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Costs, CO2- and primary energy balances of forest-fuel recovery systems at different forest productivity
Mid Sweden University, Faculty of Science, Technology and Media, Department of Engineering and Sustainable Development.
Mid Sweden University, Faculty of Science, Technology and Media, Department of Engineering and Sustainable Development.
2010 (English)In: Biomass and Bioenergy, ISSN 0961-9534, Vol. 34, no 5, 610-619 p.Article in journal (Refereed) Published
Abstract [en]

Here we examine the cost, primary energy use, and net carbon emissions associated with removal and use of forest residues for energy, considering different recovery systems, terrain, forwarding distance and forest productivity. We show the potential recovery of forest fuel for Sweden, its costs and net carbon emissions from primary energy use and avoided fossil carbon emissions. The potential annual net recovery of forest fuel is about 66 TWh, which would cost one billion 2005 to recover and would reduce fossil emissions by 6.9 Mt carbon if coal were replaced. Of the forest fuel, 56% is situated in normal terrain with productivity of >30 t dry-matter ha (-1) and of this, 65% has a forwarding distance of <400 m. In normal terrain with >30 t dry-matter ha (1) the cost increase for the recovery of forest fuel, excluding stumps, is around 4-6% and 8-11% for medium and longer forwarding distances, respectively. The stump and small roundwood systems are less cost-effective at lower forest fuel intensity per area. For systems where loose material is forwarded, less dry-matter per hectare increases costs by 6-7%, while a difficult terrain increases costs by 3-4%. Still, these systems are quite cost-effective. The cost of spreading ash is around 40 2005 ha (-1), while primary energy use for spreading ash in areas where logging residues, stumps, and small roundwood are recovered is about 0.025% of the recovered bioenergy.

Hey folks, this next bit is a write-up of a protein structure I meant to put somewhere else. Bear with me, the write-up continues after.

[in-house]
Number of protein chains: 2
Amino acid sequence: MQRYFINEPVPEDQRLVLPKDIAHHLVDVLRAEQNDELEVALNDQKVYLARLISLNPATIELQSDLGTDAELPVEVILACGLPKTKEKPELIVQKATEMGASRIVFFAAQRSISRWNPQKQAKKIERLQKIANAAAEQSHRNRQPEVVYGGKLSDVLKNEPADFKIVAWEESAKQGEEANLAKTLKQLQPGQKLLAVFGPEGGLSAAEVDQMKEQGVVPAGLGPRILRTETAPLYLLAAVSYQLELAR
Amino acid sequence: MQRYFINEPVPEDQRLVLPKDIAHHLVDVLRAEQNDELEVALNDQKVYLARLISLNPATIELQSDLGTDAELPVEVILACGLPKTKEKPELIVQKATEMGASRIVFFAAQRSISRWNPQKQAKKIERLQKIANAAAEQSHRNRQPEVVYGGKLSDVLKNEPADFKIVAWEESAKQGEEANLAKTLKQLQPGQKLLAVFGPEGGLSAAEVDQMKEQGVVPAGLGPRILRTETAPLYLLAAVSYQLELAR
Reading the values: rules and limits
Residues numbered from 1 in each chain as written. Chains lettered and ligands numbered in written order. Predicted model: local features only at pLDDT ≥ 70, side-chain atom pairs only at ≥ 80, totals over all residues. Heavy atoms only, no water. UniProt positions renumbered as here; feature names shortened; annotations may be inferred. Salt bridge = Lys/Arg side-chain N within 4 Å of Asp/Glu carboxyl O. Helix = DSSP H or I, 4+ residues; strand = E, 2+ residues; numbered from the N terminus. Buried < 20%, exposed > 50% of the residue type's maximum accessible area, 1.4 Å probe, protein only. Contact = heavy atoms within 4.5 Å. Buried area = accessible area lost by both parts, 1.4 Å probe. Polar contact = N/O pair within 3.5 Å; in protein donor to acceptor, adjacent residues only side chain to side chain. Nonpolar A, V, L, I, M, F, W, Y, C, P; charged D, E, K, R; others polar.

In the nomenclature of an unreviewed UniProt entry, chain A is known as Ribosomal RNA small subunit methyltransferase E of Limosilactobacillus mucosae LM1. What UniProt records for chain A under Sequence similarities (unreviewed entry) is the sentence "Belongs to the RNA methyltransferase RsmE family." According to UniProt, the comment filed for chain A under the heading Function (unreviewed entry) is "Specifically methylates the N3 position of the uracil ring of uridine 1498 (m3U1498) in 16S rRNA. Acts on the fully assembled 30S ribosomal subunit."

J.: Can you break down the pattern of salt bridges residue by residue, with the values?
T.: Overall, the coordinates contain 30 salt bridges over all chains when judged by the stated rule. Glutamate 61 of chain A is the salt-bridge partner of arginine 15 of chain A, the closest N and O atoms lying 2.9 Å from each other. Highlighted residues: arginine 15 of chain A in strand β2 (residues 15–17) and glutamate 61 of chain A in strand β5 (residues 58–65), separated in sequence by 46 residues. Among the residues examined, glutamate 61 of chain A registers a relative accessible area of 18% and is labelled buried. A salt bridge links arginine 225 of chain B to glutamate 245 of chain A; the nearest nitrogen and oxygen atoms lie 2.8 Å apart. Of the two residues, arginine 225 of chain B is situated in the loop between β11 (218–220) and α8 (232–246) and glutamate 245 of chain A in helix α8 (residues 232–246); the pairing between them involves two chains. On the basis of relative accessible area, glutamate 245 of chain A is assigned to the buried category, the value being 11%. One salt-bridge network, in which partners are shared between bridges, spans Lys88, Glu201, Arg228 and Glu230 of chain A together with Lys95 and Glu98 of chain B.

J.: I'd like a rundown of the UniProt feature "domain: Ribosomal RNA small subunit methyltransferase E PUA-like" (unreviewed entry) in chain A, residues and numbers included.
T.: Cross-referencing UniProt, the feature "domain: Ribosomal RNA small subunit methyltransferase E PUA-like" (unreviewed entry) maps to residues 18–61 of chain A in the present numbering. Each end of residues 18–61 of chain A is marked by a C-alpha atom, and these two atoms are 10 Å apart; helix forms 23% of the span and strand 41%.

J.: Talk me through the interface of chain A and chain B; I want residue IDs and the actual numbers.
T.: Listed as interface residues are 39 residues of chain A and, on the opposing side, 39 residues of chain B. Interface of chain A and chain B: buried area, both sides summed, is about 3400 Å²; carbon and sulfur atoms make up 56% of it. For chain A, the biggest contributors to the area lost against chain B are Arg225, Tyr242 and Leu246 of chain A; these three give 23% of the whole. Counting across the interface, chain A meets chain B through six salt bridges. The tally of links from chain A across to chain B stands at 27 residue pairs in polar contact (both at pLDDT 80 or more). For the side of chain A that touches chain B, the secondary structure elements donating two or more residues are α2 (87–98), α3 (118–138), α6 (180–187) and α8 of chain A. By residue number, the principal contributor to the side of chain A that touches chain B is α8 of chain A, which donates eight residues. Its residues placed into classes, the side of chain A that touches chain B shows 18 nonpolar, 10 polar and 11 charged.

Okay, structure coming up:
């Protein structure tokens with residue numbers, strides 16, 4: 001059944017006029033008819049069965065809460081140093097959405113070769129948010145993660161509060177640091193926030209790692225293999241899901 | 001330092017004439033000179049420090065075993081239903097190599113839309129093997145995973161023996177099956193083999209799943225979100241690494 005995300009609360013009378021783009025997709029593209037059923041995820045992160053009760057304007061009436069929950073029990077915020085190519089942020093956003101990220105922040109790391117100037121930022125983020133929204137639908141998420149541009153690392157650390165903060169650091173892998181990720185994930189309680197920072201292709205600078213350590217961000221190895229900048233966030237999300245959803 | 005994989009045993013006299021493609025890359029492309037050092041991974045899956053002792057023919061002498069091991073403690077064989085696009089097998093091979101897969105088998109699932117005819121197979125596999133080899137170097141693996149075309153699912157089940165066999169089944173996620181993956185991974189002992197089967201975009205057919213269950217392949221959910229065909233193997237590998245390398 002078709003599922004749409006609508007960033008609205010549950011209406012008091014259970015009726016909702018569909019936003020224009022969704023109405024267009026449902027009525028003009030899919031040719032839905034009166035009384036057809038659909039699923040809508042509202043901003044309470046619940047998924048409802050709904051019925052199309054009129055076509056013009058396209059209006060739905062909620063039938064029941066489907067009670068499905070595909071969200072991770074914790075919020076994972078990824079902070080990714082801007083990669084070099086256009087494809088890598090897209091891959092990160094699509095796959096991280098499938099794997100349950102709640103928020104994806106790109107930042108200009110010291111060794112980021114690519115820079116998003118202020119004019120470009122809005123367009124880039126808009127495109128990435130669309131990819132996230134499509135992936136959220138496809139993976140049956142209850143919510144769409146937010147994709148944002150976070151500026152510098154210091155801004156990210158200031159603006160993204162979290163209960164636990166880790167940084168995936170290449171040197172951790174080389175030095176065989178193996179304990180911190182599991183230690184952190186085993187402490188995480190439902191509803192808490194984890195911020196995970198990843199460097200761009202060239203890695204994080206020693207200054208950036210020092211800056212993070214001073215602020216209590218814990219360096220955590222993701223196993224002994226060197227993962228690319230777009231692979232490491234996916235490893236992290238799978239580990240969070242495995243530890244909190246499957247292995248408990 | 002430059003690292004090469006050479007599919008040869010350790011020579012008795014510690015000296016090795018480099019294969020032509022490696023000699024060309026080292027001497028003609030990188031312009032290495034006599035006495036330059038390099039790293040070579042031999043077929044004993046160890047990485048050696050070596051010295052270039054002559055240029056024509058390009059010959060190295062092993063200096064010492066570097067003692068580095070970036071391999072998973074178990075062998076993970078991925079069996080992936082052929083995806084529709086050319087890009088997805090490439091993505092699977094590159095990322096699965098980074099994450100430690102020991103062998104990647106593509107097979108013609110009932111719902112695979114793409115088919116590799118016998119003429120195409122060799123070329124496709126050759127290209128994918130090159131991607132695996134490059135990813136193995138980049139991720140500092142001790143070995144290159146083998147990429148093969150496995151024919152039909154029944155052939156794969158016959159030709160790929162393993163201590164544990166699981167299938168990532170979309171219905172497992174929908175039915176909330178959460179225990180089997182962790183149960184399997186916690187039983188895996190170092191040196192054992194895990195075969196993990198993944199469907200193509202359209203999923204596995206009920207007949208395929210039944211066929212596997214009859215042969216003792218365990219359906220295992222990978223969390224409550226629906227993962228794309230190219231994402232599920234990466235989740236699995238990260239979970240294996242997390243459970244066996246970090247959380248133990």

Place, publisher, year, edition, pages
Elsevier , 2010. Vol. 34, no 5, 610-619 p.
Keyword [en]
Forest fuel; Logging residues; Stumps; Thinnings; Small roundwood; Recovery systems; Costs; Primary energy use; CO2 balance; Carbon emissions
National Category
Other Environmental Engineering
Identifiers
URN: urn:nbn:se:miun:diva-349DOI: 10.1016/j.biombioe.2010.01.003ISI: 000277918300004Scopus ID: 2-s2.0-77951025858OAI: oai:DiVA.org:miun-349DiVA: diva2:1962
Available from: 2008-11-18 Created: 2008-11-17 Last updated: 2010-06-11Bibliographically approved
In thesis
1. Forest-Fuel Systems: Comparative Analyses in a Life Cycle Perspective
Open this publication in new window or tab >>Forest-Fuel Systems: Comparative Analyses in a Life Cycle Perspective
2008 (English)Doctoral thesis, comprehensive summary (Other academic)
Abstract [en]